You may have noticed that in this example I reported the number of individuals in each group. You may or may not want to report this information here. If you reported the number in each group in your method section then you probably don’t need it here. The important thing is to ensure that the reader understands what was done and has enough information to interpret the results.

Participants were randomly assigned to one of three groups. Each group consisted of 11 participants. Group 1 was sleep deprived for 24 hours, Group 2 was sleep deprived for 32 hours, and Group 3 was sleep deprived for 40 hours. Immediately after the sleep deprivation participants took a timed addition and subtraction test. The results showed that Group 1 performed the best on the test (M = 77.36, SD = 8.61). This was followed by Group 2 (M = 70.91, SD = 11.76) and Group 3 had the worst test performance (M = 68.18, SD = 9.02). However, a one-way ANOVA showed that there was not a significant difference in mean test performance among the groups, F(2, 30) = 2.50, p > .05.

Example 2

Let’s suppose for a research methods course you have to complete a research project. After much thought you decide to examine if the job satisfaction of your professors varies based on their rank. Not every professor is full professor. Typically the lowest (or entry) level is an assistant professor. After a few years he or she can be promoted to an associate professor. Then later promoted to the rank of professor.

After getting all of the necessary approvals you send your survey invitation out and 25 faculty members complete your survey. You run the analyses and get the output below. Job satisfaction was measured on a 5-point scale with higher numbers indicating greater job satisfaction.

Descriptives
Job Satisfaction                
  N Mean Std. Deviation Std. Error 95% Confidence Interval for Mean Minimum Maximum
          Lower Bound Upper Bound    
Assistant Professor 10 3.01 0.93 0.29 2.34 3.68 2.00 4.00
Associate Professor 8 4.05 0.72 0.26 3.45 4.65 3.00 5.00
Professor 7 4.29 0.76 0.29 3.59 4.98 3.00 5.00
Total 25 3.70 0.98 0.20 3.30 4.10 2.00 5.00

 

ANOVA
Job Satisfaction          
  Sum of Squares df Mean Square F Sig.
Between Groups 8.142 2 4.071 6.012 0.008
Within Groups 14.898 22 0.677    
Total 23.04 24      

 

Multiple Comparisons
Dependent Variable: Job Satisfaction          
Tukey HSD            
(I) Rank (J) Rank Mean Difference (I-J) Std. Error Sig. 95% Confidence Interval
          Lower Bound Upper Bound
Assistant Professor Associate Professor -1.04000* 0.39034 0.036 -2.0205 -0.0595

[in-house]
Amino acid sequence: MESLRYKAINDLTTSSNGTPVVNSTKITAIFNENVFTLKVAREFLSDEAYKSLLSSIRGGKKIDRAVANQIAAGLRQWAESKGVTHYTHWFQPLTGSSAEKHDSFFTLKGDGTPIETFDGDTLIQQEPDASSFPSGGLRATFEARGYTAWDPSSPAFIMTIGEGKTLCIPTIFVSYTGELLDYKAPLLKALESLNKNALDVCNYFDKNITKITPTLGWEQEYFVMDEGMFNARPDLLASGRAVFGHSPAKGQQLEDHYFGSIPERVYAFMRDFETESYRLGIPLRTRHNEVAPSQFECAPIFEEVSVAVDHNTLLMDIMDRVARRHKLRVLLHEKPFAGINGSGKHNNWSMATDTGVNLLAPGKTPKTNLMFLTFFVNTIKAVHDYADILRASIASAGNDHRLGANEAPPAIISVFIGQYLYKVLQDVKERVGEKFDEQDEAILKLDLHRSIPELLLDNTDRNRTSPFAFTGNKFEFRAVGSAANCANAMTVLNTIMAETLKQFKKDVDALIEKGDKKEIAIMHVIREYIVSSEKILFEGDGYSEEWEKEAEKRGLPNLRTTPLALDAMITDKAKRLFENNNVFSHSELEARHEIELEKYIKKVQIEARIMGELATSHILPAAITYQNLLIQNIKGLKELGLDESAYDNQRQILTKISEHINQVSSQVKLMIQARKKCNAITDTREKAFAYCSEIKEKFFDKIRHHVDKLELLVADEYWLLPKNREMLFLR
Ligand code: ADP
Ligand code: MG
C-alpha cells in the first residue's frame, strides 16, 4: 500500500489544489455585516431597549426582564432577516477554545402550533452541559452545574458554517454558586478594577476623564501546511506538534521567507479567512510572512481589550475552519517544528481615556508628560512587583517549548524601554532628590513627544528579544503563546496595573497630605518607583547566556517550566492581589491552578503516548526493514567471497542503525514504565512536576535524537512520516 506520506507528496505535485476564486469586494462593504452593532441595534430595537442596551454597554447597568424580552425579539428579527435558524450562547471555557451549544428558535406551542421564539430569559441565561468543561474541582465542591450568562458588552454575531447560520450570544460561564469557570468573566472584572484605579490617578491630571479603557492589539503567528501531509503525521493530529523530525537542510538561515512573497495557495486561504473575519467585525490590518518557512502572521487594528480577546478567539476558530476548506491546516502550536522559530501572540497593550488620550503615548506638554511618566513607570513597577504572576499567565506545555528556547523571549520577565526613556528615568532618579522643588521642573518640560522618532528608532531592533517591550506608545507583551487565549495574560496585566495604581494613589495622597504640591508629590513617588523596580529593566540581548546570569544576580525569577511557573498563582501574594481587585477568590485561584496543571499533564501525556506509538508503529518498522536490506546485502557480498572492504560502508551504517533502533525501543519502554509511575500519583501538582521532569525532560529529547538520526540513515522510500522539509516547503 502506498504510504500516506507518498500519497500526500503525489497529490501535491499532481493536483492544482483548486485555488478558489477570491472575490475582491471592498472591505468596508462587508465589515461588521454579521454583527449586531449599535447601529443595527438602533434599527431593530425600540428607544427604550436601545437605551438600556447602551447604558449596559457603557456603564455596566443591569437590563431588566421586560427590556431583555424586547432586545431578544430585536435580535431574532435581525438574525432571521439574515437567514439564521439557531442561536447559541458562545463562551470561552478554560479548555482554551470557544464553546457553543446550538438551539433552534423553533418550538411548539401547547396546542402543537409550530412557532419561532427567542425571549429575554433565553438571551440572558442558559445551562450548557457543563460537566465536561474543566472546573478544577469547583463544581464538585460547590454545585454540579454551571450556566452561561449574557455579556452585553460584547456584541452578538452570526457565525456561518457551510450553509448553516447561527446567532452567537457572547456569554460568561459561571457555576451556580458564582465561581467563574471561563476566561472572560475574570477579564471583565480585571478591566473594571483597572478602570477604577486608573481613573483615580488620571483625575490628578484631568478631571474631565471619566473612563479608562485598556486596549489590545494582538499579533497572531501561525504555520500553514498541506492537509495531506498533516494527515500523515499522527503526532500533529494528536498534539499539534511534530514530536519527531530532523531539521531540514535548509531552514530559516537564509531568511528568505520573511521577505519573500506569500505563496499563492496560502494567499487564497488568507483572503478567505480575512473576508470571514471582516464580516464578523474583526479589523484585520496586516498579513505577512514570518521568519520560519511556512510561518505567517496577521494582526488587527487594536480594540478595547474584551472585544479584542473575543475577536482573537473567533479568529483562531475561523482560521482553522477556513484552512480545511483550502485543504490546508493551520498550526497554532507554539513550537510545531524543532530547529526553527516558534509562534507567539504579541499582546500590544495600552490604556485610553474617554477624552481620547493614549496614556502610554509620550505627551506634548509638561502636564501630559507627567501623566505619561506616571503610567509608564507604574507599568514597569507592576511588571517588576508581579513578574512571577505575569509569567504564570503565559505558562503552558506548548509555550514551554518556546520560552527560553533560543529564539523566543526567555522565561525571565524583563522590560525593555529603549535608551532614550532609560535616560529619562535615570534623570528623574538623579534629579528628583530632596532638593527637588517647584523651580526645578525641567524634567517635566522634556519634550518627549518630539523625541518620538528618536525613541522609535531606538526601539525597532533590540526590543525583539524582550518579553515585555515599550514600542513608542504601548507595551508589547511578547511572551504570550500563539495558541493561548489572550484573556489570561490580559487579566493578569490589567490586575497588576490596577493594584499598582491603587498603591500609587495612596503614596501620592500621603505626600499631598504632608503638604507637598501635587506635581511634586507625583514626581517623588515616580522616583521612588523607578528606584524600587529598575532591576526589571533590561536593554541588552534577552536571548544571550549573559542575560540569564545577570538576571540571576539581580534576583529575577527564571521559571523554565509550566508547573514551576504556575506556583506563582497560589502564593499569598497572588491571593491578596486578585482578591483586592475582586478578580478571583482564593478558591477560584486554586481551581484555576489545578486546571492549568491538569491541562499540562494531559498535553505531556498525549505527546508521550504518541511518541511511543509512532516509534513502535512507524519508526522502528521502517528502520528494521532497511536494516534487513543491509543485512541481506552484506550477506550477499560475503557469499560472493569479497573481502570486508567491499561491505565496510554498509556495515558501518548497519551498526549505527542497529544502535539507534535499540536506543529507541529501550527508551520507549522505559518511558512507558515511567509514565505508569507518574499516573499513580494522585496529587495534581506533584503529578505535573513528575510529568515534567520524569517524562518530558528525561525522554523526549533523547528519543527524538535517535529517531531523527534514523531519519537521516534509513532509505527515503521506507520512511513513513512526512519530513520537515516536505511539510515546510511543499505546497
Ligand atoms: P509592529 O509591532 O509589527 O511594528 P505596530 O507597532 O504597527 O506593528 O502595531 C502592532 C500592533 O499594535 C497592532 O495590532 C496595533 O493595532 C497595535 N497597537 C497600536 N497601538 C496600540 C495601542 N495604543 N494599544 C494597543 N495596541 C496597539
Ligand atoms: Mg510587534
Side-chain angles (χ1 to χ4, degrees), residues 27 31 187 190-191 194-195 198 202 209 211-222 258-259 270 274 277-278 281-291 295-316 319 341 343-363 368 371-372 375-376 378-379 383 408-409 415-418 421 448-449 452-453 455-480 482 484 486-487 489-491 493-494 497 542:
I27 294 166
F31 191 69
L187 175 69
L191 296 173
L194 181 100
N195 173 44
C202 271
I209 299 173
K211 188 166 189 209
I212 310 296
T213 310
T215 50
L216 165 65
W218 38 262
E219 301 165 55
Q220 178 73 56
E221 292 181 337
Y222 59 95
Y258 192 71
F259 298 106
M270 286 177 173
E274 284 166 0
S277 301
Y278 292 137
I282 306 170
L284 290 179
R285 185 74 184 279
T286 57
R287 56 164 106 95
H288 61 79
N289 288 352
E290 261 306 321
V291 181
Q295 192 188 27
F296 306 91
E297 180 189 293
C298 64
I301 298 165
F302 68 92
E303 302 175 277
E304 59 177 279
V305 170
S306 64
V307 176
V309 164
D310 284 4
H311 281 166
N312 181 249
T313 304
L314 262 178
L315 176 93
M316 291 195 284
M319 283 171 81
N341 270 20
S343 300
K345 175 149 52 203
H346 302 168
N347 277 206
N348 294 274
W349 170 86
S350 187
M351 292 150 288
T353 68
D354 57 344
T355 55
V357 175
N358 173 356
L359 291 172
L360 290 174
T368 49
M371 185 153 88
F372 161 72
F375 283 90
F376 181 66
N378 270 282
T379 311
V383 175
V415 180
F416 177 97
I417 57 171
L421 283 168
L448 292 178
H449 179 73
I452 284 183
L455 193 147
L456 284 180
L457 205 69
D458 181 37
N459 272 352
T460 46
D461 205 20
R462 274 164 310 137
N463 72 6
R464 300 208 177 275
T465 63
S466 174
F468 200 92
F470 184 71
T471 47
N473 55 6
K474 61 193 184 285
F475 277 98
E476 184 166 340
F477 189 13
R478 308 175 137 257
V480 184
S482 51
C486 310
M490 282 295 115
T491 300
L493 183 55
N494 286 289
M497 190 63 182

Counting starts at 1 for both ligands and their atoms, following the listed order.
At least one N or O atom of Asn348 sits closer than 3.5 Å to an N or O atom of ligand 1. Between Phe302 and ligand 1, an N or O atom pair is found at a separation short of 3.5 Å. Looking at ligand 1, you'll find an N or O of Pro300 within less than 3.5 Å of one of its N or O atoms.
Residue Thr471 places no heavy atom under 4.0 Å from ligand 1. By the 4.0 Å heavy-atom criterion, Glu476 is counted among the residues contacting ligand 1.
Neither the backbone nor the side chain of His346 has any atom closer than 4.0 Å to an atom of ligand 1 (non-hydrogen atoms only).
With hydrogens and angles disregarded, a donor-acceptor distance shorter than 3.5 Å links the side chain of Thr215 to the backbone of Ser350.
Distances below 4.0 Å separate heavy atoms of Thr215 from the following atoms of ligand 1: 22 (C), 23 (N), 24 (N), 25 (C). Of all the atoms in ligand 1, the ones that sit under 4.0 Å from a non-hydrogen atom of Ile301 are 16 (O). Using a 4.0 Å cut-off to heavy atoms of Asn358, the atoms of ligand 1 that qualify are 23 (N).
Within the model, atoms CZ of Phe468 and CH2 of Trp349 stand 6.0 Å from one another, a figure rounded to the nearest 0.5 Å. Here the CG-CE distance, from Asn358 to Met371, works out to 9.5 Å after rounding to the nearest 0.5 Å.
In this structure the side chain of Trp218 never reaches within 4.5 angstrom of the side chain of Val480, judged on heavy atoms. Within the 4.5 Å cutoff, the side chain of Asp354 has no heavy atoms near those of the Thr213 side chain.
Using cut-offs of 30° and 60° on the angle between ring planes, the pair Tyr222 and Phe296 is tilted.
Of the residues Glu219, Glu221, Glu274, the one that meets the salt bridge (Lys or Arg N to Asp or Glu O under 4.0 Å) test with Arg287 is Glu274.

Professor -1.27571* 0.40553 0.013 -2.2944 -0.2570
Associate Professor Assistant Professor 1.04000* 0.39034 0.036 0.0595 2.0205
  Professor -0.23571 0.42589 0.846 -1.3056 0.8341

Even though we are discussing how to report the results for an ANOVA, this cannot be done in isolation. You can’t just report F(dfB, dfW) = #.##, p < .05. This by itself doesn’t tell you much. You must include enough information to give the reader a complete picture of the analysis, thereby allowing him or her to understand what the results may or may not mean. This means that you need to give some background information.

You will need to report the basic descriptive information for each group (means and standard deviations). Remember that ANOVA is an omnibus test. It only tells you that there is a difference among the means. It does not tell where the difference is. Therefore, if the results are statistically significant you will need to run and report post hoc tests to identify what means are different. In the first example the results were not significant. In this example they are so you will also need to report the results for the post hoc tests.

Below are several examples of how you could write up these results. There are countless ways to report the results and these are just a few.

Ten assistant professors, eight associate professors, and seven professors completed and returned the survey. The results showed that professors had the highest job satisfaction (M = 4.29, SD = 0.76). This was followed by associate professors (M = 4.05, SD = 0.72). Assistant professors had the lowest job satisfaction (M = 3.01, SD = 0.93). An ANOVA showed that there was a statistically significant difference among the means, F(2, 22) = 6.01, p < .01. Follow-up post hoc comparisons using Tukey’s HSD showed that assistant professors has significantly lower job satisfaction than both associate professors and professors. The job satisfaction of professors and associate professors was not significantly different.

The findings indicated that assistant professors (n = 10) had the lowest job satisfaction (M = 3.01, SD = 0.93) and professors (n = 7) had the highest job satisfaction (M = 4.29, SD = 0.76). The job satisfaction for associate professors (n = 8) fell between assistant professors and professors (M = 4.05, SD = 0.72). Based on the results of an ANOVA there was a statistically significant difference among the means, F(2, 22) = 6.01, p < .01. Post hoc tests using Tukey’s HSD showed that assistant professors has significantly lower job satisfaction than both associate professors and professors. The job satisfaction of professors and associate professors was not significantly different.

The mean job satisfaction for each rank was as follows: professors M = 4.02, SD = 0.76, associate professors M = 4.50, SD = 0.72, assistant professor M = 3.01, SD = 0.93. An ANOVA indicated that job satisfaction varied based on professor rank, F(2, 22) = 6.01, p < .01. Using Tukey’s HSD it was found that the job satisfaction associate professors and professors had significantly higher job satisfaction than assistant professors.